Can you talk about the small satellite-launch market? How is it looking for players like you?

We see considerable growth potential in the small satellite launch segment. According to a recent market survey, the global space launch services market is projected to double in size from $14.21 billion in 2022 to $31.9 billion by 2029, growing at a CAGR of 12.25%. Over the last decade, we have seen average satellite sizes reduce from close to 3000kgs to under ~400kgs. Moreover, the market is increasingly being led by constellations of smaller satellites in Low Earth Orbit. These customers want their satellites and constellations to be up and operational as soon as they are ready and delivered into precise destinations in space. Hence, there is an increasing need, especially among small-sat constellation builders for launch vehicle availability, greater control over launch schedule, high frequency launch capability, and last-mile satellite delivery to their target orbital destinations. Small launch service providers such as us can cater to this need effectively. Presently, there are 4 small launch players in the global market that have reached orbit successfully. Out of these 4, 3 have just entered the market in 2021-22. We expect to enter the orbital market with our Vikram I launch vehicle next year.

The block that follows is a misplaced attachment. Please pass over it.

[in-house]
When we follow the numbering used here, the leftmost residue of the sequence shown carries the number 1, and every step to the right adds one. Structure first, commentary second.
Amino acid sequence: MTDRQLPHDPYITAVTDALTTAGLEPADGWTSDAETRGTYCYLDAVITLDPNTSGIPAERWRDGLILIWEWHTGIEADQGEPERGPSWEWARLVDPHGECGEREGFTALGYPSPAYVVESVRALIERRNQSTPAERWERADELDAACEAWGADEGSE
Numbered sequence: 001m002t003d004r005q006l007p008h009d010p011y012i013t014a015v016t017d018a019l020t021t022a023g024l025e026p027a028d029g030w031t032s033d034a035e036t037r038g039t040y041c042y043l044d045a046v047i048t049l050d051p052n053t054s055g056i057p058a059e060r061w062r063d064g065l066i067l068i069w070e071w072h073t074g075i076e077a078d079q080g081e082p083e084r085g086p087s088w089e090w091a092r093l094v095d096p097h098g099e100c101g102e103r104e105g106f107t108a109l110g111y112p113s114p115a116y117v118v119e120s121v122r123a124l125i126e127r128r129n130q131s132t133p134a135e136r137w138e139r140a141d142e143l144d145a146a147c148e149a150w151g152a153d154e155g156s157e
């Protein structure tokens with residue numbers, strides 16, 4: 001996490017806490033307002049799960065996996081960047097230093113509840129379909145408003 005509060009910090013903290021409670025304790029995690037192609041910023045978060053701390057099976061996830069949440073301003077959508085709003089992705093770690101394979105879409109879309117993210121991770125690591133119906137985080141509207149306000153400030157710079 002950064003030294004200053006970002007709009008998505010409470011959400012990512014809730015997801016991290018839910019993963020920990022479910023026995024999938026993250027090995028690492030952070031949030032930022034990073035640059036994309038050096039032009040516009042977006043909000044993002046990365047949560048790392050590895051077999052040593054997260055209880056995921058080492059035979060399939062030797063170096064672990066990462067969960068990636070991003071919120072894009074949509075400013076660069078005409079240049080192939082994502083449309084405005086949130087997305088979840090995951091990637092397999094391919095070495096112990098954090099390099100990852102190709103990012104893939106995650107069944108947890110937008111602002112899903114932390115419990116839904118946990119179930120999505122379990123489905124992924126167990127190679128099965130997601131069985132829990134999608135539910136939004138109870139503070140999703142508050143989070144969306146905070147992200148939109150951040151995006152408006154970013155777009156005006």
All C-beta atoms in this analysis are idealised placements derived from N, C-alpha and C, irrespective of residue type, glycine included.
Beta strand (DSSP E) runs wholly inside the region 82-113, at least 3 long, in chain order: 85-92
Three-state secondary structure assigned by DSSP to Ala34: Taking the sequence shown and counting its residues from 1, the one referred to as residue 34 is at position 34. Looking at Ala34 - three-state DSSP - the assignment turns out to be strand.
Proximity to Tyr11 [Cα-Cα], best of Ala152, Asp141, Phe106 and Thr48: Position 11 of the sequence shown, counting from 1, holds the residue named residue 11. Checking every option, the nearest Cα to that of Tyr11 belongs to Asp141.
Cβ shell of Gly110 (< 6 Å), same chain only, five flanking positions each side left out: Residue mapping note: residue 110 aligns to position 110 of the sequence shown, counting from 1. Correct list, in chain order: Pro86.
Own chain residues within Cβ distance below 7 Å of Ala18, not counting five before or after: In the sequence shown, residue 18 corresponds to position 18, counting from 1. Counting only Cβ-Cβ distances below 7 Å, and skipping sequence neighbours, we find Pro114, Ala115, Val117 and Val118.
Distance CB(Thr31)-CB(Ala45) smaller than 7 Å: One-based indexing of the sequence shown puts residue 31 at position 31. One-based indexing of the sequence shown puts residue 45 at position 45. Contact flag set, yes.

Would you associate with government projects, including in the defence sector? What are the advantages of such an association?

Though many of the technologies we possess and can develop can fulfil defence sector innovation, we are currently focused on the aerospace domain, where we believe we have a lot to accomplish with the next five years promising to be a very interesting phase for us as we are fast expanding our global reach and acclaim. We are however open to engaging with the government at various levels and across domains if an opportunity arises.